Getting Shared Renewables Back on Track in New York
Earlier this week, we joined an impressive set of partners – the Coalition for Community Solar Access (CCSA), Sierra Club, New York Solar Energy Industries Association (NYSEIA), Pace Energy and Climate Center, Alliance for Clean Energy New York, Solar One and Binghamton Regional Sustainability Coalition – to call on New York leaders to put the state’s stalled shared renewables program back on track so that solar can shine for renters, low-income families and millions of other New Yorkers.
As you may recall, last July, New York launched its innovative Community Distributed Generation program to expand access to the direct benefits of solar through community shared renewable energy projects.
Community distributed generation provides every New Yorker the opportunity to participate in the state’s vibrant solar economy. With one small clarification of the program rules, state leaders can deliver on the promise of community solar and accelerate our transition to a healthier, more resilient clean energy future.
That promise has stalled in recent months due to questions raised about how the community solar program design fits with New York’s larger Reforming the Energy Vision (REV) initiative. New York’s program has attracted significant interest from both local communities and national solar providers, which have initiated early stage development across the state, but no projects have been built nearly a year after the launch of the program. And so, our groups filed a petition with the State of New York Public Service Commission asking for clarity on customer crediting in the short-term to allow projects to start while the Commission continues to pursue that longer-term REV process.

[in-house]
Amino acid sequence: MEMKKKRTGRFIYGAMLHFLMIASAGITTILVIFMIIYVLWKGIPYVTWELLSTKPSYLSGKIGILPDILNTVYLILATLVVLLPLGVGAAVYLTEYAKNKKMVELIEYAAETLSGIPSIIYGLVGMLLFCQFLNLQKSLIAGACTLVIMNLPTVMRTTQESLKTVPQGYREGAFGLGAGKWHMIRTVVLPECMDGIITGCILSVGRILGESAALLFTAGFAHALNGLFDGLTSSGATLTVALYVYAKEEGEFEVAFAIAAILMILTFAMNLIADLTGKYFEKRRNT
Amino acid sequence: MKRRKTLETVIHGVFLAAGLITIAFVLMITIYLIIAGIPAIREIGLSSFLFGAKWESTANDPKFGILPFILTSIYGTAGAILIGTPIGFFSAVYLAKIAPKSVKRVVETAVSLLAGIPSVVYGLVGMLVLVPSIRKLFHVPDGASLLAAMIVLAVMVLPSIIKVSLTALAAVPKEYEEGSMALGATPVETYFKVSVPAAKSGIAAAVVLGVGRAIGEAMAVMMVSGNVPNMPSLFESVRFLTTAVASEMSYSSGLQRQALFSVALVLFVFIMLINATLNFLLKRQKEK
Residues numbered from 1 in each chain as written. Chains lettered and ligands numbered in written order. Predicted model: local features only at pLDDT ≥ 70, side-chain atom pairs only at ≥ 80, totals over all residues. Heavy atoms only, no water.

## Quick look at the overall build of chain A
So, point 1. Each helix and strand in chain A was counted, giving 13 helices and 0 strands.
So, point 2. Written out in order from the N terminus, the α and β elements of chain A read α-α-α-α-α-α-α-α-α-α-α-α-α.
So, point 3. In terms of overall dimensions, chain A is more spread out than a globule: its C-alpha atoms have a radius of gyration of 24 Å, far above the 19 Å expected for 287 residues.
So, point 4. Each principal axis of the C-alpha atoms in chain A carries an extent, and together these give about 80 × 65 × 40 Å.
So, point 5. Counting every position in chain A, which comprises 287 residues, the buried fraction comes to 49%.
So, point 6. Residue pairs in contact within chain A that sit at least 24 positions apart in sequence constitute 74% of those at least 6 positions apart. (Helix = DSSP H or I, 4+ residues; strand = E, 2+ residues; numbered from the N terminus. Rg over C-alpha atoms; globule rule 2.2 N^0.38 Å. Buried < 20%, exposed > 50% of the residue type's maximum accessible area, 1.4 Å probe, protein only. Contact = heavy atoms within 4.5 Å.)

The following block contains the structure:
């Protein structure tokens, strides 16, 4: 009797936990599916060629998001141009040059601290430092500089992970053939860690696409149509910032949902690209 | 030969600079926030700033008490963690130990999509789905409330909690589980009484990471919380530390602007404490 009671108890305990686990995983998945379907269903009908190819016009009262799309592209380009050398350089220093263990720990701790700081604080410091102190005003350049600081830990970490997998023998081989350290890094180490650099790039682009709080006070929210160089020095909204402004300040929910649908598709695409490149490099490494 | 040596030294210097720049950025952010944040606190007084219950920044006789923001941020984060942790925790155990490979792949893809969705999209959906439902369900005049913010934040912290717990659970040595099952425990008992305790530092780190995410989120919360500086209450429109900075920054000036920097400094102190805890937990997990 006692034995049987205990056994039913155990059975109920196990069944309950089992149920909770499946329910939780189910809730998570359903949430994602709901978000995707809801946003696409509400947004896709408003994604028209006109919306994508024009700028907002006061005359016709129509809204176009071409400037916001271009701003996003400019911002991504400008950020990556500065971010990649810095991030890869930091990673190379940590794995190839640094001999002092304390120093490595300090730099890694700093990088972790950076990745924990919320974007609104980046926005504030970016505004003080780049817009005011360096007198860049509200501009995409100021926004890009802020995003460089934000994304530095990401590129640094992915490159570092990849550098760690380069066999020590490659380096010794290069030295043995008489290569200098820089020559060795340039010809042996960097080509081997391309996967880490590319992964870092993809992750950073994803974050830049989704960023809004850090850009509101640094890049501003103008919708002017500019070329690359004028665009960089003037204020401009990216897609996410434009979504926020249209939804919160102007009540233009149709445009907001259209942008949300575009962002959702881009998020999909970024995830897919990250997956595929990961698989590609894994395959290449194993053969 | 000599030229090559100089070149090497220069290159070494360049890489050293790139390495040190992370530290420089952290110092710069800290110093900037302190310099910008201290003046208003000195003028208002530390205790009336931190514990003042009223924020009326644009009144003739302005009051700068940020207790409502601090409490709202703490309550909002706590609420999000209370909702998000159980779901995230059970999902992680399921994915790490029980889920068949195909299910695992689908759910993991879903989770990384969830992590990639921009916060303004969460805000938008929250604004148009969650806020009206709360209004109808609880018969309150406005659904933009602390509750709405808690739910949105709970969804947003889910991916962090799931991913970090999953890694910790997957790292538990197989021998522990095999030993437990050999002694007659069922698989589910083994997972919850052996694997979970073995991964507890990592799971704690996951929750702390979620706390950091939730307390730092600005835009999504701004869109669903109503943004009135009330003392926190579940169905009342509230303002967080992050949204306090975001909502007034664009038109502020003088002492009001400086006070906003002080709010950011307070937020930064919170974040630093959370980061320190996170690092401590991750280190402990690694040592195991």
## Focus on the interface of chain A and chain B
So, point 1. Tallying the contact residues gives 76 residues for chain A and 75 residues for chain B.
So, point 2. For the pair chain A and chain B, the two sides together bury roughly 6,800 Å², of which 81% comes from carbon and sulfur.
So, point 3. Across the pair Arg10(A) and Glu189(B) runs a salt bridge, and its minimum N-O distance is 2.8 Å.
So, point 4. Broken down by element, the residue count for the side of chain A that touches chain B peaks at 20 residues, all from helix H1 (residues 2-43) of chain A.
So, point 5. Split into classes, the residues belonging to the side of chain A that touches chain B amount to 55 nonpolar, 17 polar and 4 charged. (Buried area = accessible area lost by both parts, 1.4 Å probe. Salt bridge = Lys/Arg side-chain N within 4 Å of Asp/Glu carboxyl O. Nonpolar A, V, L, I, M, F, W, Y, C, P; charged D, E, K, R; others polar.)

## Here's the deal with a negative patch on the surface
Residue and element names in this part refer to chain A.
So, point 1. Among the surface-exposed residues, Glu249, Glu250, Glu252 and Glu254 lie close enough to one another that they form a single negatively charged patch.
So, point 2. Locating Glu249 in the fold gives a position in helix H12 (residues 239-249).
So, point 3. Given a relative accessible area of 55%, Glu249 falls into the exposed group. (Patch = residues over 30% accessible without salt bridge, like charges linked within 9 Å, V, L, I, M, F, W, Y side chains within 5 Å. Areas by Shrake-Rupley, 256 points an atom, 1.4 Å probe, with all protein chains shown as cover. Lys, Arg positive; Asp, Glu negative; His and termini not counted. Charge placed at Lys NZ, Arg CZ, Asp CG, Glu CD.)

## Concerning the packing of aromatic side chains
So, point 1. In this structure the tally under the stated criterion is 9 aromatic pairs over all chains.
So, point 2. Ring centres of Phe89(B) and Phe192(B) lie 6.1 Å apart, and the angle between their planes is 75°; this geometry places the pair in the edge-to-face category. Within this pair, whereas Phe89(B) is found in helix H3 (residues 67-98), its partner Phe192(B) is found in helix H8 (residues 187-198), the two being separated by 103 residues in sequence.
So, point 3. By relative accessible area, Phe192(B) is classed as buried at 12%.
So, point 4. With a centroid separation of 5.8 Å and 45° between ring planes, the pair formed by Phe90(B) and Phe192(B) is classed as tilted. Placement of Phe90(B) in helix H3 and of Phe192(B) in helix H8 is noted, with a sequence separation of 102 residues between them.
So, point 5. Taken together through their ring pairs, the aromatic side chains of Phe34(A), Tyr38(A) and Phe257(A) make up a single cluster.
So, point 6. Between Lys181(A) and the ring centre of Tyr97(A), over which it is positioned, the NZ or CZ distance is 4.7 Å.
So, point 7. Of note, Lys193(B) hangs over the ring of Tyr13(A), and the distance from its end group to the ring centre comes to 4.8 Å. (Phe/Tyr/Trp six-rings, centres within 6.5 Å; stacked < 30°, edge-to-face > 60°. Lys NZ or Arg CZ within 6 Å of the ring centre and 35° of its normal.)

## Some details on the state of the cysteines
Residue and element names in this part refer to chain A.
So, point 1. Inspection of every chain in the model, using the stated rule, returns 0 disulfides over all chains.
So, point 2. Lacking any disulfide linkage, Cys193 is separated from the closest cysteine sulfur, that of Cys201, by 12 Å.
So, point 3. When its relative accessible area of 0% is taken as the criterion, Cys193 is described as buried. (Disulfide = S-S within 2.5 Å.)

The July 2015 PSC order establishing the state’s community solar program called for customers who participate in community solar to receive the same credit for the output of their solar panels in the shared array as customers who put solar on their own roof receive for the solar energy they send to the grid. More than 70 community, equity, environmental and industry organizations had joined together in applauding state leaders for their commitment to a healthier, more resilient clean energy system that creates opportunities for all New Yorkers to thrive.
In last July’s Order, the Commission suggested that the state’s community solar program might evolve as part of the state’s ongoing REV Initiative, but that the Commission felt it was important to launch the program at that time to get community solar started in New York. The groups petitioning today agree with that assessment and are asking for the PSC to reaffirm its original commitment to community solar in the state.
Our partners expressed their support for the petition and called for swift action:
“The Public Service Commission showed remarkable leadership in launching New York’s community solar program last summer,” declared CCSA Executive Director Jeff Cramer. “Now we need them to demonstrate that they remain committed to development of community solar in the state by taking action immediately to provide the necessary investment certainty for both consumers and developers.
“Before the state launched its community solar program last July, the majority of New Yorkers were shut out of the solar market. Pending this requested clarification from the PSC, our member companies are poised to invest hundreds of millions of dollars in New York State to help fulfill the promise of the state’s bold action last summer, making affordable local clean energy an option for all customers and helping to meet the administration’s economic development goals.”
“Increasing access to clean energy, like solar, is critical in ensuring all New Yorkers have the opportunity to do their part in the fight against global climate disruption,” said Lisa Dix, New York Senior Representative of the Sierra Club. “This petition guarantees that all residents will have the opportunity to invest in clean energy with confidence. We hope that the Public Service Commission will act swiftly on this important issue.”
“The solar industry already employs over 8,000 New Yorkers, and community solar will serve as an even greater economic driver across the state – that’s why you saw it highlighted as part of the Governor’s State of Opportunity Agenda and REV initiative,” said Carlo Lanza, President of NYSEIA. “We are confident the PSC understands the importance of a stable business environment, and will provide the clarity needed for construction of these community solar projects to go forward.”